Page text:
BMC Public Health. 2020 Sep 29;20(1):1466. doi: 10.1186/s12889-020-09561-0.
BACKGROUND: Lung cancer is the most diagnosed cancer worldwide. In low- and middle-income countries (LMICs), lung cancer is often diagnosed at a late stage due to poor knowledge and awareness of its signs and symptoms. Increasing lung cancer awareness is likely to reduce the diagnosis and treatment delays. The implementation of early palliative care has also been reported to improve a patient’s quality of life, and even survival. The aim of this scoping review was to map evidence on lung cancer awareness and palliative care interventions implemented in sub-Saharan Africa (SSA) and other LMICs.
METHODS: This scoping review was guided by Arksey and O’Malley’s framework. Databases such as the EBSCOhost, PubMed, Science Direct, Google Scholar, World Health Organization (WHO) library and grey literature were used to perform systematic searches of relevant articles. The methodological quality assessment of included primary studies was assessed using the Mixed Method Appraisal Tool (MMAT). NVivo version 10 software was used to perform the thematic content analysis of the included studies.
RESULTS: A total number of screened articles was 2886, with 236 meeting the eligibility criteria and 167 further excluded following abstract screening. Sixty-nine (69) articles qualified for full-article screening and 9 were selected for detailed data extraction and methodological quality assessment. Of the included nine studies, eight described at least one lung cancer warning signs and symptoms, while one described the effectiveness of palliative care for lung cancer. Eight articles recognized the level of lung cancer knowledge, risk factors awareness of warning signs and symptoms in LMICs, mostly Africa and Asia.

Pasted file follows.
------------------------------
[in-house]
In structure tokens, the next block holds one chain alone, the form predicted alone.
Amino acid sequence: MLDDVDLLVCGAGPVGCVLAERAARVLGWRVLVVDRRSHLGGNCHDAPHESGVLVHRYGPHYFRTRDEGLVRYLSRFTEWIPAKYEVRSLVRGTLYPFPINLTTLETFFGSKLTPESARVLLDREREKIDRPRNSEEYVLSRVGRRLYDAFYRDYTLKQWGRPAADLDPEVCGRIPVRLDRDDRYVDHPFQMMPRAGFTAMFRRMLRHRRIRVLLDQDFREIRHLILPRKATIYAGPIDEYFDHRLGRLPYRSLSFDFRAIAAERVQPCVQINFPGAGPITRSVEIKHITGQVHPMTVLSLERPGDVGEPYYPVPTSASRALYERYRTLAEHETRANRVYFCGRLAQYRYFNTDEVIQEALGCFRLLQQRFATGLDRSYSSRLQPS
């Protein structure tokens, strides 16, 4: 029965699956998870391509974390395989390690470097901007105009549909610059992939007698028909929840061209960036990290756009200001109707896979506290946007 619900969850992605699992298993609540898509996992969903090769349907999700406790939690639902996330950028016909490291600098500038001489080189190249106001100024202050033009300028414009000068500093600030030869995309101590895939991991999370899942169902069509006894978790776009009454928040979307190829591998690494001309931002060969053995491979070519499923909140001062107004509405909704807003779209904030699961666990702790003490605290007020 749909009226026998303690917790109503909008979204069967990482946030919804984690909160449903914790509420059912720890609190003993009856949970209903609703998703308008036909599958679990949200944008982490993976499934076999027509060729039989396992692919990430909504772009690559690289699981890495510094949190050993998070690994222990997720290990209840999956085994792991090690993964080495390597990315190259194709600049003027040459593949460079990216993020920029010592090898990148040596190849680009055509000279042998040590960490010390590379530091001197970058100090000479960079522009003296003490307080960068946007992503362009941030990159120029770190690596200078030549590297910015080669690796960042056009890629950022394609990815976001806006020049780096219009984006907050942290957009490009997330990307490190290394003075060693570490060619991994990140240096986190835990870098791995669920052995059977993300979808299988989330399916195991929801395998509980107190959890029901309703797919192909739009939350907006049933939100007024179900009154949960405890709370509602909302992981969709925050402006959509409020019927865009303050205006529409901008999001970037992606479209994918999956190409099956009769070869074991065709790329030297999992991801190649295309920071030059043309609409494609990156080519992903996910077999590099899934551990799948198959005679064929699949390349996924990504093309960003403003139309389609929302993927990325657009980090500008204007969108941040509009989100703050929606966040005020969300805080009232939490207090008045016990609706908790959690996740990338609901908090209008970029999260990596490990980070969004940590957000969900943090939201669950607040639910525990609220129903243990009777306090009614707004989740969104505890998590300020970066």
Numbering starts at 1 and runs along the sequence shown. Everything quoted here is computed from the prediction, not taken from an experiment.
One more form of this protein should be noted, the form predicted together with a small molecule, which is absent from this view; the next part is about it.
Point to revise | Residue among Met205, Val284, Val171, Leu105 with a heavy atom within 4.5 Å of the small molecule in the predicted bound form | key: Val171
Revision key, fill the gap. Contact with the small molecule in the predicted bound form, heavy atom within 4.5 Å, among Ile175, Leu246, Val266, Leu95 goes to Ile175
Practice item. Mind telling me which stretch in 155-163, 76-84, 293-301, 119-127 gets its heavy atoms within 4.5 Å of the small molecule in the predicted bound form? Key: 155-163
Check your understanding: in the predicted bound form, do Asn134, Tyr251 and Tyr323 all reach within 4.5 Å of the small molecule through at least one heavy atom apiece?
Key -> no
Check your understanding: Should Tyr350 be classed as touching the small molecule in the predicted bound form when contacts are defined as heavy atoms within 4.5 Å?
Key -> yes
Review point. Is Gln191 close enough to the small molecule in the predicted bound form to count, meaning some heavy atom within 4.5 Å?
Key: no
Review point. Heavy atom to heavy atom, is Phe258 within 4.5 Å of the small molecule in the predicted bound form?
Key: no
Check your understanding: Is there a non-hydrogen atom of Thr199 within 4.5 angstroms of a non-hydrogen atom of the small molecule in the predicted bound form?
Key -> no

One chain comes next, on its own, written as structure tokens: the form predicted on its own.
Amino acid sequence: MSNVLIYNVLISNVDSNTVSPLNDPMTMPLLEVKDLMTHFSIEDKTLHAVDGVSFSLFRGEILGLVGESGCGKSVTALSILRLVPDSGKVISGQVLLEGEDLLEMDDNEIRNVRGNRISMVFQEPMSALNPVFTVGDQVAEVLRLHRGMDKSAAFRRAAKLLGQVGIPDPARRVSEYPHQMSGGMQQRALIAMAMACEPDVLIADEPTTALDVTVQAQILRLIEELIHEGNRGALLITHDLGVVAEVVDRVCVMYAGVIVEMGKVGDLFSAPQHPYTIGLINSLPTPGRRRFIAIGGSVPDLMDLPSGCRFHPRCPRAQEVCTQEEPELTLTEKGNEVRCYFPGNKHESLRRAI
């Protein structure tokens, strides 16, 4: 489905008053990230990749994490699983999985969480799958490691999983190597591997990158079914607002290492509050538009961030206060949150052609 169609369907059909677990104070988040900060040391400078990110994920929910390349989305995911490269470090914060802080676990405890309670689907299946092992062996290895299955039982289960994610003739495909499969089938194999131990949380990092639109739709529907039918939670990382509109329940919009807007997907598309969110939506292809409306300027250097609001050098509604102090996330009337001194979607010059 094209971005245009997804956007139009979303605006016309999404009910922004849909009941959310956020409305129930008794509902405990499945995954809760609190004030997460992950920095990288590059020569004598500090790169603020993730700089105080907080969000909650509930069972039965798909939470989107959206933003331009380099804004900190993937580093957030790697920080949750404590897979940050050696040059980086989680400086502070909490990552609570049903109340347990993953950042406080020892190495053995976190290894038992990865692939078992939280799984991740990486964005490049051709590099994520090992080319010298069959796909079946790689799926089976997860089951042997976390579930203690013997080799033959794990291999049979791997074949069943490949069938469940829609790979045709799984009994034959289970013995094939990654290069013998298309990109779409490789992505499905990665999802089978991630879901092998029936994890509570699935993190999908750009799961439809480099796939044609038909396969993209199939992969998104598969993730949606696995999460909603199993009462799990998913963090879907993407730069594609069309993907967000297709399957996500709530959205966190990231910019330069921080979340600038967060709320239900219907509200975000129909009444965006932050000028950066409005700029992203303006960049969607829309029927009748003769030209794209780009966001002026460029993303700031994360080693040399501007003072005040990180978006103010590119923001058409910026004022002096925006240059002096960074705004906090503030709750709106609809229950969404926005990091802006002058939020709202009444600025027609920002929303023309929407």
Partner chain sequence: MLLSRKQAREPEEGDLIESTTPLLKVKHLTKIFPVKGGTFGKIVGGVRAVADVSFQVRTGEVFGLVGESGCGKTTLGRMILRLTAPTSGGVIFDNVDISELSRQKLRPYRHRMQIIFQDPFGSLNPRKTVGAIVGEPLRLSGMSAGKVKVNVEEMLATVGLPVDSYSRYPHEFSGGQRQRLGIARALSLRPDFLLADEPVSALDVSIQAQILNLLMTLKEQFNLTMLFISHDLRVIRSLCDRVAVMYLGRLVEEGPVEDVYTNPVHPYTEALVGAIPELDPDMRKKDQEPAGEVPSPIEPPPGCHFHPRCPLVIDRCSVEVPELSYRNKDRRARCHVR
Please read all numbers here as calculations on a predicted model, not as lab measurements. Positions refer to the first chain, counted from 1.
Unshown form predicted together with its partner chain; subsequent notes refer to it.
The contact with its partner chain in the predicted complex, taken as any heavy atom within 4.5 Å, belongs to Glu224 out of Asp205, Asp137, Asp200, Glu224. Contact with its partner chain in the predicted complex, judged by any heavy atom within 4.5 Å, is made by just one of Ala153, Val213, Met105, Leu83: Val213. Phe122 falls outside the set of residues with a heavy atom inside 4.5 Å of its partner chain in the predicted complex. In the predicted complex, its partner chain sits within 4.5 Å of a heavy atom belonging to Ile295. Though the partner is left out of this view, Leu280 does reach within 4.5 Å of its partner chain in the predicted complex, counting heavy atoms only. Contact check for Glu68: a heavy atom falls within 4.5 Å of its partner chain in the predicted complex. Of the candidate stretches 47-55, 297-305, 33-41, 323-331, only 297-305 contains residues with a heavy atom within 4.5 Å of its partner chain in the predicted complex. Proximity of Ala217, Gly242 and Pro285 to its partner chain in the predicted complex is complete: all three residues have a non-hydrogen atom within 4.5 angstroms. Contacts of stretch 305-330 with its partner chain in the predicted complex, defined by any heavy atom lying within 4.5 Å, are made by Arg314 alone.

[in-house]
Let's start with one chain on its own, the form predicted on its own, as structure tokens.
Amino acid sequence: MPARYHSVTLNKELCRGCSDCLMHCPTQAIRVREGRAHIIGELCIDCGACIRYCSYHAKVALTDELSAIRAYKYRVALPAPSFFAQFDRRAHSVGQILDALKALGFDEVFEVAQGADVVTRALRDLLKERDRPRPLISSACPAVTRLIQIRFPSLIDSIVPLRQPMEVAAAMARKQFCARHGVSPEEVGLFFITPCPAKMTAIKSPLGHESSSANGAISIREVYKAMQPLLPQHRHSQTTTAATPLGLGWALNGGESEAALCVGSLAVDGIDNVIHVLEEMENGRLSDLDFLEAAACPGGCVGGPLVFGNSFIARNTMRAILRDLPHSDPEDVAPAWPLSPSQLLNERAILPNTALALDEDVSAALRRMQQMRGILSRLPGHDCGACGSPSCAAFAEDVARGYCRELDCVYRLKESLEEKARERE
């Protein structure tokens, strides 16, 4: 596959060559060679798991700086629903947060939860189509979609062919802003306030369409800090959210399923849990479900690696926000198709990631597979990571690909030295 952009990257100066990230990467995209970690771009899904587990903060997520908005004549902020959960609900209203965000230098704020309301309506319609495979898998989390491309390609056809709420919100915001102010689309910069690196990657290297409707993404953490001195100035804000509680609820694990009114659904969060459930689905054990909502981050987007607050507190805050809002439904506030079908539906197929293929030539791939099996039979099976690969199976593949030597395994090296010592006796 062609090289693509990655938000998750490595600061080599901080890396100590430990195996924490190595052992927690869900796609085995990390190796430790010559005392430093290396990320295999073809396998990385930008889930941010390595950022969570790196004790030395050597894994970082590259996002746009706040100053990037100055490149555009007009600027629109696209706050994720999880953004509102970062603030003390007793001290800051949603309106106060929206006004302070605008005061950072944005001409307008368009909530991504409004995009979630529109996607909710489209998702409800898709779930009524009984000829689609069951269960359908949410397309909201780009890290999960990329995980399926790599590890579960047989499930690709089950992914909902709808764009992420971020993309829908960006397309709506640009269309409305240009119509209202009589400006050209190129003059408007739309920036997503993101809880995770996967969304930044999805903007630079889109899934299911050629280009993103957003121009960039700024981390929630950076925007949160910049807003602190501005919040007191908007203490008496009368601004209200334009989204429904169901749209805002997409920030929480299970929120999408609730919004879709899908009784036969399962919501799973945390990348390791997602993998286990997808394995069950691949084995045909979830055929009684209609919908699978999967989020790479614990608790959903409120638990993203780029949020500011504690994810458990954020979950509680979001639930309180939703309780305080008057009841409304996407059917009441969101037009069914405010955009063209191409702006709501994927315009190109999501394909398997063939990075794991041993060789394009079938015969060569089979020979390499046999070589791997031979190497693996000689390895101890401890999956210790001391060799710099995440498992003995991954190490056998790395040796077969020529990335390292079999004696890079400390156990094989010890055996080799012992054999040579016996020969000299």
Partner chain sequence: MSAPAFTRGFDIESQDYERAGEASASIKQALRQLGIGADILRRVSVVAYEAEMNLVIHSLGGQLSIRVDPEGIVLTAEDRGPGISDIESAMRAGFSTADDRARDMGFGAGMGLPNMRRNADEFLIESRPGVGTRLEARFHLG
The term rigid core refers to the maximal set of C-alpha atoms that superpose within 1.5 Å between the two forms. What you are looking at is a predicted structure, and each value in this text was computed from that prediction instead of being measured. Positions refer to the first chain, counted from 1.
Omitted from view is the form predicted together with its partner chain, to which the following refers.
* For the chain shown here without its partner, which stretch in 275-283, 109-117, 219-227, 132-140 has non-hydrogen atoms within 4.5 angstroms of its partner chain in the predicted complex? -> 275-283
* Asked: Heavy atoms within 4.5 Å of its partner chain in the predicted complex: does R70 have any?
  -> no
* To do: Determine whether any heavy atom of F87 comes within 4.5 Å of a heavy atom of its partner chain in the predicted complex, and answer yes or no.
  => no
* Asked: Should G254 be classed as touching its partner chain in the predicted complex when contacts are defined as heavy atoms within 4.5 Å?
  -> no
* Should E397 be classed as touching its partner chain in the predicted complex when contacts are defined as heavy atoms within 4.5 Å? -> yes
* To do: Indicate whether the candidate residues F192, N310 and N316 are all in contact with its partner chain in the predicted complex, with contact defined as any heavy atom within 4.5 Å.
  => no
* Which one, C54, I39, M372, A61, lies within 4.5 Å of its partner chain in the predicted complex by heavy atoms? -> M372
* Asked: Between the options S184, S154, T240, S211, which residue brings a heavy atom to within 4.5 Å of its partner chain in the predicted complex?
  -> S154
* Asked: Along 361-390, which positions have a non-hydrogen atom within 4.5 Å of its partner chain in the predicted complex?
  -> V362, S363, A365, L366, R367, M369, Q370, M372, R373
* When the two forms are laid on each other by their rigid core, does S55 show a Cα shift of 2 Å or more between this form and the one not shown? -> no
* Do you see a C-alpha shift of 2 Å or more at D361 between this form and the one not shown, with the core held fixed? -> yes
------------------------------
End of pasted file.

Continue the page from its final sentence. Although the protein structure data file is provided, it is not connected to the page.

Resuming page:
CONCLUSIONS: Most of the participants were aware of tobacco use as the major risk factor for lung cancer but lacked knowledge on the other pre-disposing risk factors. Evidence on palliative care is scarce, therefore, awareness interventions packaged with evidence on the value of timely access to palliative care services in improving the quality of life of the lung cancer patients and their families, are required.